Posts for: March, 2020
Orthodontists are able to achieve attractive results with traditional braces moving several teeth into a better position. In a way, braces are the original “smile makeover.”
But orthodontic treatment can also be useful if only a few teeth (like the two upper front teeth) need to be moved slightly. A treatment known as minor tooth movement takes only a few months as opposed to years for traditional multiple teeth movement, and with removable appliances that may use small springs or elastics to place gentle pressure on teeth to move them.
So, what constitutes a minor tooth movement scenario? As with any dental condition, the first step is a complete dental examination, particularly the bite. We also need to determine if enough room exists to close any space without compromising the bite with the opposing teeth, and if the teeth and their roots are in a good position to allow minor movement — otherwise, more extensive treatment may be called for. The surrounding gum tissues and bone also need to be healthy and disease-free, especially in adults.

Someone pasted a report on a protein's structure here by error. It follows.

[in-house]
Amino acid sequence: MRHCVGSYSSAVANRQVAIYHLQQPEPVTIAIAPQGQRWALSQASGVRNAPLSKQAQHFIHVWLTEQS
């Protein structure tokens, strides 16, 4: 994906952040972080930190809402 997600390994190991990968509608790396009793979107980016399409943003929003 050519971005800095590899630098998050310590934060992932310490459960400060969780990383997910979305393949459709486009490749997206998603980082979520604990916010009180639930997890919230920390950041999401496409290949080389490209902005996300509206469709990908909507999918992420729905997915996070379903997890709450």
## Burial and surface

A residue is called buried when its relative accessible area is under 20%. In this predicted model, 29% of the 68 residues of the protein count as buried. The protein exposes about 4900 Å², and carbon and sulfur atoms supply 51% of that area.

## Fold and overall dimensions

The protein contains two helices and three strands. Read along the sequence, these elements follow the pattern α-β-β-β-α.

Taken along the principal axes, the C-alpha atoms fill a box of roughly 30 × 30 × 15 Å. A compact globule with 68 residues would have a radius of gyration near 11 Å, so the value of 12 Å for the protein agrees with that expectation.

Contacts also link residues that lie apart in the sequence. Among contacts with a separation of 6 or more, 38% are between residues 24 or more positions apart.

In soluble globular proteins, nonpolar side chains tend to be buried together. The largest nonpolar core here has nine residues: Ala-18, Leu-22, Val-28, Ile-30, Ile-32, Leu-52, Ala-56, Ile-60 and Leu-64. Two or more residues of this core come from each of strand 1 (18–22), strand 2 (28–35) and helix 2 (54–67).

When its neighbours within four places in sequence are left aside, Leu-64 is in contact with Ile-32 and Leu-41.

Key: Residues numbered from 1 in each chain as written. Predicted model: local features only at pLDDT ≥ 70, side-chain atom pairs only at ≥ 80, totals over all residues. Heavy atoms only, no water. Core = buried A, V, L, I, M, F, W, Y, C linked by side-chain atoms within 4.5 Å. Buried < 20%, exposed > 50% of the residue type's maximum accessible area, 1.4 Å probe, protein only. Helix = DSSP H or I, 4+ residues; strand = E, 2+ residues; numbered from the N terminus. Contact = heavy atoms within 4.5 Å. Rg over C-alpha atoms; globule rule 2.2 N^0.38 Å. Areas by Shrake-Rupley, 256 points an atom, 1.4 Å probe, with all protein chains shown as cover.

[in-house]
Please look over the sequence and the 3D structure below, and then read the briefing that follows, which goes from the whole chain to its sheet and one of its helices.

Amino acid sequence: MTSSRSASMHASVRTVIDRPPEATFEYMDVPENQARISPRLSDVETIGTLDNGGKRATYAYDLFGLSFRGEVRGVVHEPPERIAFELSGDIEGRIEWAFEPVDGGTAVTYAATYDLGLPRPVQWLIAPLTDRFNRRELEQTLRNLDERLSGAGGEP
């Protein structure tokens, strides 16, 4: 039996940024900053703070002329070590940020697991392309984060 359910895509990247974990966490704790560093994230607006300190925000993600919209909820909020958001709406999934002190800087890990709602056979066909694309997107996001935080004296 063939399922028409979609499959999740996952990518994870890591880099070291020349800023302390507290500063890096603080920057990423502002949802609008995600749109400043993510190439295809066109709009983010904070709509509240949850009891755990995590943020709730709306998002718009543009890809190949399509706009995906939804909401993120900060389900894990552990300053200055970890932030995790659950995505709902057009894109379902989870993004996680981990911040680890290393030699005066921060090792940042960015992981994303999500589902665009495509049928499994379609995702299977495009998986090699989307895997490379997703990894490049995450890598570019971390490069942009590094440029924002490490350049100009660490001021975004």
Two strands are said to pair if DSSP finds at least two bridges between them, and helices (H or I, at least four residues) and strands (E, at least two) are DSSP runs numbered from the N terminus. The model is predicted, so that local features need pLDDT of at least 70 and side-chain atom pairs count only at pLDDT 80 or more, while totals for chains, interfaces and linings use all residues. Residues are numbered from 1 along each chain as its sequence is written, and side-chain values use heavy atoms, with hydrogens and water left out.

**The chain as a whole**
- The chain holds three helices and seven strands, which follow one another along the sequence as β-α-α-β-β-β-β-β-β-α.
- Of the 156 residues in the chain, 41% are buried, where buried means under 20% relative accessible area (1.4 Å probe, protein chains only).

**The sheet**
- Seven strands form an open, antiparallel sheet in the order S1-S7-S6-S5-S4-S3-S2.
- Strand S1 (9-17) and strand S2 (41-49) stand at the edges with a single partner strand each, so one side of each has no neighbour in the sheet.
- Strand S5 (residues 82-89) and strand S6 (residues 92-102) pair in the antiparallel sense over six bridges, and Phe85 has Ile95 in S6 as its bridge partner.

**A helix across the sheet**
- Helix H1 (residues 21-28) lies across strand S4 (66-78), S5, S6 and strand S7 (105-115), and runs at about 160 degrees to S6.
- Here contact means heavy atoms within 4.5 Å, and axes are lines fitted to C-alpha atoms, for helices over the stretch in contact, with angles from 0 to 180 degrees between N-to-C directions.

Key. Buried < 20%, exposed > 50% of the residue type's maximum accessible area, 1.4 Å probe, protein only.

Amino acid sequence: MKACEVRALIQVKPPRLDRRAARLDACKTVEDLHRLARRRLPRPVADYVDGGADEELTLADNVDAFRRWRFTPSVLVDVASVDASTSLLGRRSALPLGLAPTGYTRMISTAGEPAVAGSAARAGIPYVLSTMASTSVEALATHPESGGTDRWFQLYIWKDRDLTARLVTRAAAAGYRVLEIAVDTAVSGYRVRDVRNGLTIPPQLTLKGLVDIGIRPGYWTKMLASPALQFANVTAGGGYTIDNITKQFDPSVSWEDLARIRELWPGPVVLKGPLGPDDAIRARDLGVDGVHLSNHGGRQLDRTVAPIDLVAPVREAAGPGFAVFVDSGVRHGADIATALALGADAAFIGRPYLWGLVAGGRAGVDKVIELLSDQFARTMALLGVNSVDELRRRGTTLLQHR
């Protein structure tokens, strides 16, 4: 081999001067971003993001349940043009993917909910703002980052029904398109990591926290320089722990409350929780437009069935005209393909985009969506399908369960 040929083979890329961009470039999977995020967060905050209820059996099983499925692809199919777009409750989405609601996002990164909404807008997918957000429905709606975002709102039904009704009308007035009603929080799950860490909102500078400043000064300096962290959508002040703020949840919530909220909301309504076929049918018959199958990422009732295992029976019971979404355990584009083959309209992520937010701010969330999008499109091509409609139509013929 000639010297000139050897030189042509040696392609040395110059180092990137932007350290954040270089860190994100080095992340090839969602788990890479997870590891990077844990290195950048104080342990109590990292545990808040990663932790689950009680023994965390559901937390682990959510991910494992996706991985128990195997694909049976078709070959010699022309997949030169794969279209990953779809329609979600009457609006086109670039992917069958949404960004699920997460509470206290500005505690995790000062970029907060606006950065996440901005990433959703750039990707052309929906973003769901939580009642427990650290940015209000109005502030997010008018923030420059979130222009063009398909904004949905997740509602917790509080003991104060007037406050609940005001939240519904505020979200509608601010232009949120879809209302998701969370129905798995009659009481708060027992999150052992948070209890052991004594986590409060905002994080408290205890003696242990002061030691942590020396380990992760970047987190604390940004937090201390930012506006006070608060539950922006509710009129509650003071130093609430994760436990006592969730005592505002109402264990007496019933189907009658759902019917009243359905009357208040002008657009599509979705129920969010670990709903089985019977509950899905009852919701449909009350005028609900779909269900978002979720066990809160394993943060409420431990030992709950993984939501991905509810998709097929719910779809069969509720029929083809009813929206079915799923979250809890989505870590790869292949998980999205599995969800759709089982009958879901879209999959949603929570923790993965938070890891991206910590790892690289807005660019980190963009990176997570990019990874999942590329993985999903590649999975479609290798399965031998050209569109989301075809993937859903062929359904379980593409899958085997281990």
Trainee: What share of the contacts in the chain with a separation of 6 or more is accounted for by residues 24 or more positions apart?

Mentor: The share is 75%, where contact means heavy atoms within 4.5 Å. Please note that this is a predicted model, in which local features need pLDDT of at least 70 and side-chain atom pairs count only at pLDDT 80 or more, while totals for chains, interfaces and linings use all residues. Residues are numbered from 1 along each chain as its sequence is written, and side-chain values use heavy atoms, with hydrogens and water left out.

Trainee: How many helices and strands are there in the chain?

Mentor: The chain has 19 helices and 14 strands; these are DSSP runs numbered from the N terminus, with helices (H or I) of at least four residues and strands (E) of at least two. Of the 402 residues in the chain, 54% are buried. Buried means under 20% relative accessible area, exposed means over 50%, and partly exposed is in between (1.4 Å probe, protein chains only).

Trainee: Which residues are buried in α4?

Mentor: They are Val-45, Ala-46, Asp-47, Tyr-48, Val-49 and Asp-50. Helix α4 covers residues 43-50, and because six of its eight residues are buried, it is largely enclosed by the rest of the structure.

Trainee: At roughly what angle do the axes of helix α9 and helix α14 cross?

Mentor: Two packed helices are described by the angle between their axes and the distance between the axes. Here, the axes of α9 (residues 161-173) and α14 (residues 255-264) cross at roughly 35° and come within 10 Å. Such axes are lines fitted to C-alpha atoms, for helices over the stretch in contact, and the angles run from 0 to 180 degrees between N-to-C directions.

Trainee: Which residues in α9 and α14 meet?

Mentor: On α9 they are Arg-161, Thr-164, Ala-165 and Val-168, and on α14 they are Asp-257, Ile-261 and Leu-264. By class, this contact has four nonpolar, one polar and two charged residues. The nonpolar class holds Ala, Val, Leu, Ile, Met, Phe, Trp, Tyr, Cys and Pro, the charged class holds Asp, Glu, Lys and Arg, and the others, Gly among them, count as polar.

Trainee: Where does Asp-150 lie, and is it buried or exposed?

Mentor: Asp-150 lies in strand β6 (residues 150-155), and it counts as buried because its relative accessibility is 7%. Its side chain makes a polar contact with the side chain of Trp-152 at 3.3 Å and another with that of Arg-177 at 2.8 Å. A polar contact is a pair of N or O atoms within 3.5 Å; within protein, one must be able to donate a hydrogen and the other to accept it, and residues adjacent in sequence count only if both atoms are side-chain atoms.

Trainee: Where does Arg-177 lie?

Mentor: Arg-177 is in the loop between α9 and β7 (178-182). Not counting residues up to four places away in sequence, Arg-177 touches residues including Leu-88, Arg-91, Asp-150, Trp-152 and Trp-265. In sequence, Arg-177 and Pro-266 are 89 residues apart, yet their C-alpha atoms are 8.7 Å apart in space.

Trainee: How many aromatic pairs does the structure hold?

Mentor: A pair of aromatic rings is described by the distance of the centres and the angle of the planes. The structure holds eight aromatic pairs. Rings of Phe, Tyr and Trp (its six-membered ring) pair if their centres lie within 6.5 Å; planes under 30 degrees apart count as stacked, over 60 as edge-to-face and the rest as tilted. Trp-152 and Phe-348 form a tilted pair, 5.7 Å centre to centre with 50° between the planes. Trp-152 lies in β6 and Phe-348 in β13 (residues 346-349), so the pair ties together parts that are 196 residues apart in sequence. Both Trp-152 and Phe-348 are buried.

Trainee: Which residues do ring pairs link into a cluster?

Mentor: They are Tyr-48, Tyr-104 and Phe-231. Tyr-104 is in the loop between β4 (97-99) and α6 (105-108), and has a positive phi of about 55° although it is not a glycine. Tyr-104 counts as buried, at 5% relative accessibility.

We may also need to look more closely at the actual cause for a front tooth gap. If the gap is the result of the tongue habitually pressing against the back of the teeth and pushing them forward, it may then be difficult or impossible to close the gap with minor tooth movement techniques. The cause may also originate from the frenum (a thin, muscular tissue that rises up from between the upper front teeth toward the lip) if it has extended too far between the teeth. In this case we may first need to surgically remove some of the frenum tissue before attempting orthodontics or the teeth may gradually move back apart after closing the gap.
Although minor tooth movement normally doesn’t take as long as braces, it may still require several months. And just like with braces, you will need to wear a retainer for several months afterward until the bone stabilizes around the new position. Still, minor tooth movement could have a major impact on your smile.
If you would like more information on orthodontic treatments, please contact us or schedule an appointment for a consultation. You can also learn more about this topic by reading the Dear Doctor magazine article “Minor Tooth Movement.”